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Impact of the Western Cape’s 'Safely Home' road initiative questioned

Transport MEC Daylin Mitchell Mitchell pictured at a recent event where traffic officials were checking for licences. Picture: Phando Jikelo/African News Agency(ANA)

Transport MEC Daylin Mitchell Mitchell pictured at a recent event where traffic officials were checking for licences. Picture: Phando Jikelo/African News Agency(ANA)

Published May 6, 2022

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Cape Town - The impact and target audience of the Western Cape’s “Safely Home” initiative was questioned in the legislature as Transport MEC Daylin Mitchell said there had been a reduction in road fatalities since the campaign began.

The question emerged during a briefing to the legislature’s Transport Standing Committee by the department on the Western Cape 2022 Easter Weekend road safety statistics and the road safety plan for 2022.

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Provincial ANC Transport spokesperson Lulama Mvimbi had asked about the link between the national government’s Arrive Alive campaign and Safely Home and whether the safety programmes were benefiting communities.

Mvimbi said he was aware that Safely Home was the Western Cape’s programme and had been around for at least a decade but wanted to know whether it was competing with or complimenting the national government’s Arrive Alive programme and whether it had shown any results.

“Who is being educated here? Is it an administrative awareness process among traffic officers or do we at some point involve communities in these education and awareness programmes?”

He said he was especially concerned about whether the communities living along the national roads were benefiting from the programmes.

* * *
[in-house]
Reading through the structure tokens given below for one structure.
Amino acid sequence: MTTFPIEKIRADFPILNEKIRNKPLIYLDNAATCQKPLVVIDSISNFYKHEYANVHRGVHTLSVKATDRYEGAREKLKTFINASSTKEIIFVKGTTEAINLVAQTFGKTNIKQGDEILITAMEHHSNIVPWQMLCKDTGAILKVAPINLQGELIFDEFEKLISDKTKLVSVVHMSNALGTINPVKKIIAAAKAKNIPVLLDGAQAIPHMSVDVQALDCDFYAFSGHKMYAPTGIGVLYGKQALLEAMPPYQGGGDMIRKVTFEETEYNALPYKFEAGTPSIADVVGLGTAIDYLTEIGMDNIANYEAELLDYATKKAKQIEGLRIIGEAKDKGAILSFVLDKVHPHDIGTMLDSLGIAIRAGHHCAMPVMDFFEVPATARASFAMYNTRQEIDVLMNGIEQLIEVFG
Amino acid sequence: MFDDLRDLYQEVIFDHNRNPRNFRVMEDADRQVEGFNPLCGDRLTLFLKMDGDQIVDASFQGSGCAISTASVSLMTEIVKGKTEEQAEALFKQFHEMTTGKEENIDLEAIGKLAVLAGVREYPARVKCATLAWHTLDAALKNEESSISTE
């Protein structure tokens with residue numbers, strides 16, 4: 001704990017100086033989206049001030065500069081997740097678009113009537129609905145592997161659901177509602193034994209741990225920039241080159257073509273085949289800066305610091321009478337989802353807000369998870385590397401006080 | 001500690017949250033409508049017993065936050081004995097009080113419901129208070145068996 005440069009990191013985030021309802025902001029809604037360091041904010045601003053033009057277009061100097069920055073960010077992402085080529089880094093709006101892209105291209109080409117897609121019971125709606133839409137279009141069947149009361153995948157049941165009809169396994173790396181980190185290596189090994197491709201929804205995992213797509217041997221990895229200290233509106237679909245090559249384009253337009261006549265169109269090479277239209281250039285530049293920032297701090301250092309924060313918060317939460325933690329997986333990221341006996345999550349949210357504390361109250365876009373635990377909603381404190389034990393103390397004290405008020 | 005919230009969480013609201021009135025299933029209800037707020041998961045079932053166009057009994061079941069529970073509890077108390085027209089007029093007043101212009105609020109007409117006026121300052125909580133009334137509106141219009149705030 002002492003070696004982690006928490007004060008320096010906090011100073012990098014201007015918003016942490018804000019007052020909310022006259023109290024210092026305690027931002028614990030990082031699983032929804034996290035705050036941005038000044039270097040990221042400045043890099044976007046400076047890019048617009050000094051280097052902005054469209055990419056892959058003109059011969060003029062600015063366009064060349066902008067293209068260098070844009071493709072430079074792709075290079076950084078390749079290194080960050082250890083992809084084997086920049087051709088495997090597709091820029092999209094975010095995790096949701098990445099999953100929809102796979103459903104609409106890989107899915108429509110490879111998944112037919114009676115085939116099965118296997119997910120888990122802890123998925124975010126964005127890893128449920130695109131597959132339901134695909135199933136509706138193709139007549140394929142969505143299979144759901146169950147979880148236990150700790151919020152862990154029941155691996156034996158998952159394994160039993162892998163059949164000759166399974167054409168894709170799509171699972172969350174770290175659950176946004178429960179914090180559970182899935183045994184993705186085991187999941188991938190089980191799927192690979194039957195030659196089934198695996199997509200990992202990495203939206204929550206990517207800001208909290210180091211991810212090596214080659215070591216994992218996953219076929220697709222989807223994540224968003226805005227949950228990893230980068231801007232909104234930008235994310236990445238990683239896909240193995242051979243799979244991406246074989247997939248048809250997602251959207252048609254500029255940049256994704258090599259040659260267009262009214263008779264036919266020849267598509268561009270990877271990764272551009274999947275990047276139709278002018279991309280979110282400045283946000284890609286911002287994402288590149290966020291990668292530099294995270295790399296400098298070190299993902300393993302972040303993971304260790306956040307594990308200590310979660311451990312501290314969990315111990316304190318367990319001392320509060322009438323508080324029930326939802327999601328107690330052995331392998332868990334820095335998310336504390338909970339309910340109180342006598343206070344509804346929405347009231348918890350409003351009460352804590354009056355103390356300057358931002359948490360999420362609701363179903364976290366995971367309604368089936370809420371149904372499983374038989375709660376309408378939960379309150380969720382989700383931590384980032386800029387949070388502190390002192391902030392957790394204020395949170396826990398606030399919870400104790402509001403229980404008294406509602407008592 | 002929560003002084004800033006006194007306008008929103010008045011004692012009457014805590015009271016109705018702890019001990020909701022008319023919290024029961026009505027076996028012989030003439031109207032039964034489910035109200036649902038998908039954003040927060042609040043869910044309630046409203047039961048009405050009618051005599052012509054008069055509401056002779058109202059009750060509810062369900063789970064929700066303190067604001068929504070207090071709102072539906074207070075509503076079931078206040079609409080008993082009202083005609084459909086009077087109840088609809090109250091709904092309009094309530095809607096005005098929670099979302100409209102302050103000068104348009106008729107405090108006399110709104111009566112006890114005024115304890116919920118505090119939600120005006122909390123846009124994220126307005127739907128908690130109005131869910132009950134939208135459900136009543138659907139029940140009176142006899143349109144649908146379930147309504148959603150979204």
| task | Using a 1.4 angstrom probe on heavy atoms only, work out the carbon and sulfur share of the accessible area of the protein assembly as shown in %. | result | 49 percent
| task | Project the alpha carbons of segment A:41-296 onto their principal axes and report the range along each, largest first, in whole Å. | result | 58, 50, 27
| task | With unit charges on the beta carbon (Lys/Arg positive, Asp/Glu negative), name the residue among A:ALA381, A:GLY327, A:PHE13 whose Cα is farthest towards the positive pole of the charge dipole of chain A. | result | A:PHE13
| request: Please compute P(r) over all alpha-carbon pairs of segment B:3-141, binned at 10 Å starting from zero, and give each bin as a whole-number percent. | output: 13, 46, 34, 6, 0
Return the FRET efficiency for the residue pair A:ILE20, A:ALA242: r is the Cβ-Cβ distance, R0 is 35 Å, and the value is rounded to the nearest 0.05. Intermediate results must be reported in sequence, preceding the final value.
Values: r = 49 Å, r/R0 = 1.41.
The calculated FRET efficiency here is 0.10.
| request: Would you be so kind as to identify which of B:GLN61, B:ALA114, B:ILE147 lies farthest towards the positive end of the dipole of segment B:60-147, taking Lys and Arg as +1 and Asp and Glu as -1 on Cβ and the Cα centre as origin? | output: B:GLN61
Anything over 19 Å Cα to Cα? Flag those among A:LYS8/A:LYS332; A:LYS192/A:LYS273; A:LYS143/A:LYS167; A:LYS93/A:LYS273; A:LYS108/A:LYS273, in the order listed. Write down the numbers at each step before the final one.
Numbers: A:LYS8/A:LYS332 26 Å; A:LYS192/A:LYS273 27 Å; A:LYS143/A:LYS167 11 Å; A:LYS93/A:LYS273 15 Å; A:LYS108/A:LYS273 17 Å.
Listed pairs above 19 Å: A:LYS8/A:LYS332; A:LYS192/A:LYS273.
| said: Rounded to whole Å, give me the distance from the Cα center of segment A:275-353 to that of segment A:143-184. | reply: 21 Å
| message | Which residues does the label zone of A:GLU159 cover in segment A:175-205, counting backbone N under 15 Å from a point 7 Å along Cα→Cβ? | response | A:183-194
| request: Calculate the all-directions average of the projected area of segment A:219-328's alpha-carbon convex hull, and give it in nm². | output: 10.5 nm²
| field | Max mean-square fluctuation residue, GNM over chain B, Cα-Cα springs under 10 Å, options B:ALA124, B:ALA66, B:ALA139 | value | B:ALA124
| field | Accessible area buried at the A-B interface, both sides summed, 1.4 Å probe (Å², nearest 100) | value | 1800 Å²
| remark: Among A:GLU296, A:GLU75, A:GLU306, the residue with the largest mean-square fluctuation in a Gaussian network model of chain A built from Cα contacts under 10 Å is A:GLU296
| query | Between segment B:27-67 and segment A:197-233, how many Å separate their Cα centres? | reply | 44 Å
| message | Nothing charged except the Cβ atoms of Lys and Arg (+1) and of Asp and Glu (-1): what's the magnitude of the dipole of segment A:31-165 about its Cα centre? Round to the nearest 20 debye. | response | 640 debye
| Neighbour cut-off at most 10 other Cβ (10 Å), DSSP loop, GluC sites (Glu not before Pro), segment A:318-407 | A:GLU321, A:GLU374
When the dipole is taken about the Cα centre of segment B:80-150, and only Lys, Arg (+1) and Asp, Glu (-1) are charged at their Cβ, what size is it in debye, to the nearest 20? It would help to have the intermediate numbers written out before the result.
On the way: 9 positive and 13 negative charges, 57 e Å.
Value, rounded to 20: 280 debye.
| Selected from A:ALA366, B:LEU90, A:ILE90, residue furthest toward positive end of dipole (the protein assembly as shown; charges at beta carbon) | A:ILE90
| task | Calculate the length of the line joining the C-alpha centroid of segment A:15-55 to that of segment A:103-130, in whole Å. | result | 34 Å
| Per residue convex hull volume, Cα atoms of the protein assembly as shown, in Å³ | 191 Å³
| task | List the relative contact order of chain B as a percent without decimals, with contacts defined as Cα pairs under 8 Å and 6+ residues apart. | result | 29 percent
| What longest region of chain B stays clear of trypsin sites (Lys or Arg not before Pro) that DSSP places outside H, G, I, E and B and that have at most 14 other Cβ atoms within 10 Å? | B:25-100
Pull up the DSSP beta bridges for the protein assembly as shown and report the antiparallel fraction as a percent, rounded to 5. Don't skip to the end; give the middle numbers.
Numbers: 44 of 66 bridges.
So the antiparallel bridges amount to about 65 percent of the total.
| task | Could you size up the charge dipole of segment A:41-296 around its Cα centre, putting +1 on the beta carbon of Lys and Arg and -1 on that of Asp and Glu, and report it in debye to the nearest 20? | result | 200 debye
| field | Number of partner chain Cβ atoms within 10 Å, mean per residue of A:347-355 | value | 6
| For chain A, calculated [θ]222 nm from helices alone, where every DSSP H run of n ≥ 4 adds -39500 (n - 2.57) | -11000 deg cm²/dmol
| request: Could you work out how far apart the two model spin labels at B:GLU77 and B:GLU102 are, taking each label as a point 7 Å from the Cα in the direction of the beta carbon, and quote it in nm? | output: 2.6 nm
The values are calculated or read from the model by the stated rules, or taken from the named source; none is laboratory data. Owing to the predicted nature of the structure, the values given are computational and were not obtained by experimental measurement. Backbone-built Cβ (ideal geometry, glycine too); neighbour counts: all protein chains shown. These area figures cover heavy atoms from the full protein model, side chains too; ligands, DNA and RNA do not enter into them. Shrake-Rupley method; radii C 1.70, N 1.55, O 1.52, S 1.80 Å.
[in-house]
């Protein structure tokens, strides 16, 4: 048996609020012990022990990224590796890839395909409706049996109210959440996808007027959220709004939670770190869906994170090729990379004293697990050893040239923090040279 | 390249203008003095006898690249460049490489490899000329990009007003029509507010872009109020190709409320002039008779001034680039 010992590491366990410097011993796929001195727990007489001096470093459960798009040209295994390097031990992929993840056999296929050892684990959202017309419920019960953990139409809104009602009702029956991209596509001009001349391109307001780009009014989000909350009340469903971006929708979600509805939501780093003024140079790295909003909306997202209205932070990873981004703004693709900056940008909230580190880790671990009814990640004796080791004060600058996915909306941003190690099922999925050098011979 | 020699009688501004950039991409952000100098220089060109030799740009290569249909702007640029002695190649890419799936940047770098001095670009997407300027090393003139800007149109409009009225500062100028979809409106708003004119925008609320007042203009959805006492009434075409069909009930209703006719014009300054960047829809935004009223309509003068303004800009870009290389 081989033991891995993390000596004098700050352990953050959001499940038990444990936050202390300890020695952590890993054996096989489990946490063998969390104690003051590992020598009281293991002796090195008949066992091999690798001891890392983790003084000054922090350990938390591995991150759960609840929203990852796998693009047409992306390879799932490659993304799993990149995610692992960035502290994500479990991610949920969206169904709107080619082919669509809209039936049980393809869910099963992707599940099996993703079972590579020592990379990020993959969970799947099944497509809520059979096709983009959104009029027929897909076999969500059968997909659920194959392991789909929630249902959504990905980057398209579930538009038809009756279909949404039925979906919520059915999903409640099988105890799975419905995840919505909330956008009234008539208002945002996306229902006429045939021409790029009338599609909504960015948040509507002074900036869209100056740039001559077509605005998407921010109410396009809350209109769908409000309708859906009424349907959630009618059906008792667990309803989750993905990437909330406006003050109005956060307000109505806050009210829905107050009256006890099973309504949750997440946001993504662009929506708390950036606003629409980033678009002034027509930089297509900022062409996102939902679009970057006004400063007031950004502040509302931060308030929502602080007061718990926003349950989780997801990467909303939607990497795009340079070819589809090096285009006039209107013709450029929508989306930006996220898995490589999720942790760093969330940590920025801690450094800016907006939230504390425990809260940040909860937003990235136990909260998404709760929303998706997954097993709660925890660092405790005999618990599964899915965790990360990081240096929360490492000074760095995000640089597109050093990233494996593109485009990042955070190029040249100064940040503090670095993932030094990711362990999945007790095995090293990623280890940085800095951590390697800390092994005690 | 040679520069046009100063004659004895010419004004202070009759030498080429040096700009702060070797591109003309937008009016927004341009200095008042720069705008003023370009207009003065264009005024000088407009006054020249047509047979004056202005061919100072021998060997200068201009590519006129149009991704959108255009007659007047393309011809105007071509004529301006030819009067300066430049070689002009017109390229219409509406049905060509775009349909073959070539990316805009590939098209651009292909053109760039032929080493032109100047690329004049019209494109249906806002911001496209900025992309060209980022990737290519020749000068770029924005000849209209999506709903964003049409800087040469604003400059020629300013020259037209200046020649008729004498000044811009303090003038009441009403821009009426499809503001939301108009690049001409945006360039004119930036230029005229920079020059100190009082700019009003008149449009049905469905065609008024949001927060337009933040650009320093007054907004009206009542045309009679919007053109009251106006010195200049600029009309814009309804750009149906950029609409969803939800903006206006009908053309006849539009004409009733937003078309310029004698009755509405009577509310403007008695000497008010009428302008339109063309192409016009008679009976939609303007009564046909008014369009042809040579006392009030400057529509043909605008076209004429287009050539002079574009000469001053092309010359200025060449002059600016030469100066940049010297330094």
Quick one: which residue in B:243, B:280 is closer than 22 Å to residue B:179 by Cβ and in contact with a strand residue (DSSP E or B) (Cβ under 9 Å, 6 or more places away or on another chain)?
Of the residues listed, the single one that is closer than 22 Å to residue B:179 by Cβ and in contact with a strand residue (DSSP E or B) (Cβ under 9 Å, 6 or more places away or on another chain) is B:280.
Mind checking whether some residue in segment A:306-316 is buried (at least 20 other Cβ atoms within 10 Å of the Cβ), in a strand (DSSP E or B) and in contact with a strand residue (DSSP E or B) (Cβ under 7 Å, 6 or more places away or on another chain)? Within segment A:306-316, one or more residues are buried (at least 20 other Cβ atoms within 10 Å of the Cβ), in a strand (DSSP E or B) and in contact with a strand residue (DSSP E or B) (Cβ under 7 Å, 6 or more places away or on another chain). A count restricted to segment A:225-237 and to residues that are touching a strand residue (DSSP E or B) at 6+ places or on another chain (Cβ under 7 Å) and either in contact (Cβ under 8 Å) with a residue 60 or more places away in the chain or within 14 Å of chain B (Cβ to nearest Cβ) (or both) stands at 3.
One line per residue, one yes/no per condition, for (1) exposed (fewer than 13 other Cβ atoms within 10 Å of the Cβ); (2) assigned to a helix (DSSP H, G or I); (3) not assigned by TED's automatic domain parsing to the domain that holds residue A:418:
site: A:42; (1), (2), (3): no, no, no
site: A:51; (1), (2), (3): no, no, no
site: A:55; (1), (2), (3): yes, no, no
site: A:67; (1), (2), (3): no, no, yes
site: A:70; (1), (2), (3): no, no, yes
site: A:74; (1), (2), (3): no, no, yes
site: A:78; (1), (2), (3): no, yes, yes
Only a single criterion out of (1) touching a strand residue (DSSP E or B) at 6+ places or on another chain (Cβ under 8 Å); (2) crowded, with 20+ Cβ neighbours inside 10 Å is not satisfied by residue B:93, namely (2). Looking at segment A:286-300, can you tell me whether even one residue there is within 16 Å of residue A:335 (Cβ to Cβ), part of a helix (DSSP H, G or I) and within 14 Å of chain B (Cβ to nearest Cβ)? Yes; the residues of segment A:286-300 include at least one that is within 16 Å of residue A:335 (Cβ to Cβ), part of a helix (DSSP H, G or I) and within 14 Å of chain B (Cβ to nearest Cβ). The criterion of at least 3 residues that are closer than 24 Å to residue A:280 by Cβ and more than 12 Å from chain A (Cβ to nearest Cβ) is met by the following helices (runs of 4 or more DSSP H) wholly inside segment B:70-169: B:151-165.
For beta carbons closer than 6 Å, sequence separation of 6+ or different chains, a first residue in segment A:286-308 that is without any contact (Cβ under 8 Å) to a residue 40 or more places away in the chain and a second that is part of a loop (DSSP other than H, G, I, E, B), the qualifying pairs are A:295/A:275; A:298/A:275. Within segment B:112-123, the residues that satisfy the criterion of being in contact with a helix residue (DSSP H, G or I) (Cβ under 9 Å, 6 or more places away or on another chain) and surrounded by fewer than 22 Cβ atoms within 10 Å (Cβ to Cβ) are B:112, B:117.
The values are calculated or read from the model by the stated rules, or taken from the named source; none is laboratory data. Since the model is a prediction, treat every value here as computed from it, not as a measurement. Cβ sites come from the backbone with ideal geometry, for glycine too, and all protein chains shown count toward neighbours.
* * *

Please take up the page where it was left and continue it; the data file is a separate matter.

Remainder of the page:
Mitchell said: “I think it’s important to note the impact that Safely Home has had on the provincial roads including decreasing fatalities on the Western Cape roads, bearing in mind that our roads were once some of the most dangerous provincial roads in the country.

“If you look at the statistics between 2009 and 2020, we have seen a reduction of 46% in road fatalities during that time, so obviously the Safely Home campaign is having an impact on road fatalities.”

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He said the initiatives by the department in conjunction with provincial traffic and various other law enforcement agencies ultimately benefited road users and not necessarily just the motorised ones.

“We also focus on pedestrians. We expose commuters and pedestrians to the road safety campaigns. It is not just a social media enforcement campaign but it is actually on the ground.”

Mitchell invited the committee to join him and officials when the next integrated provincial roadblock was held, to see the impact for themselves.

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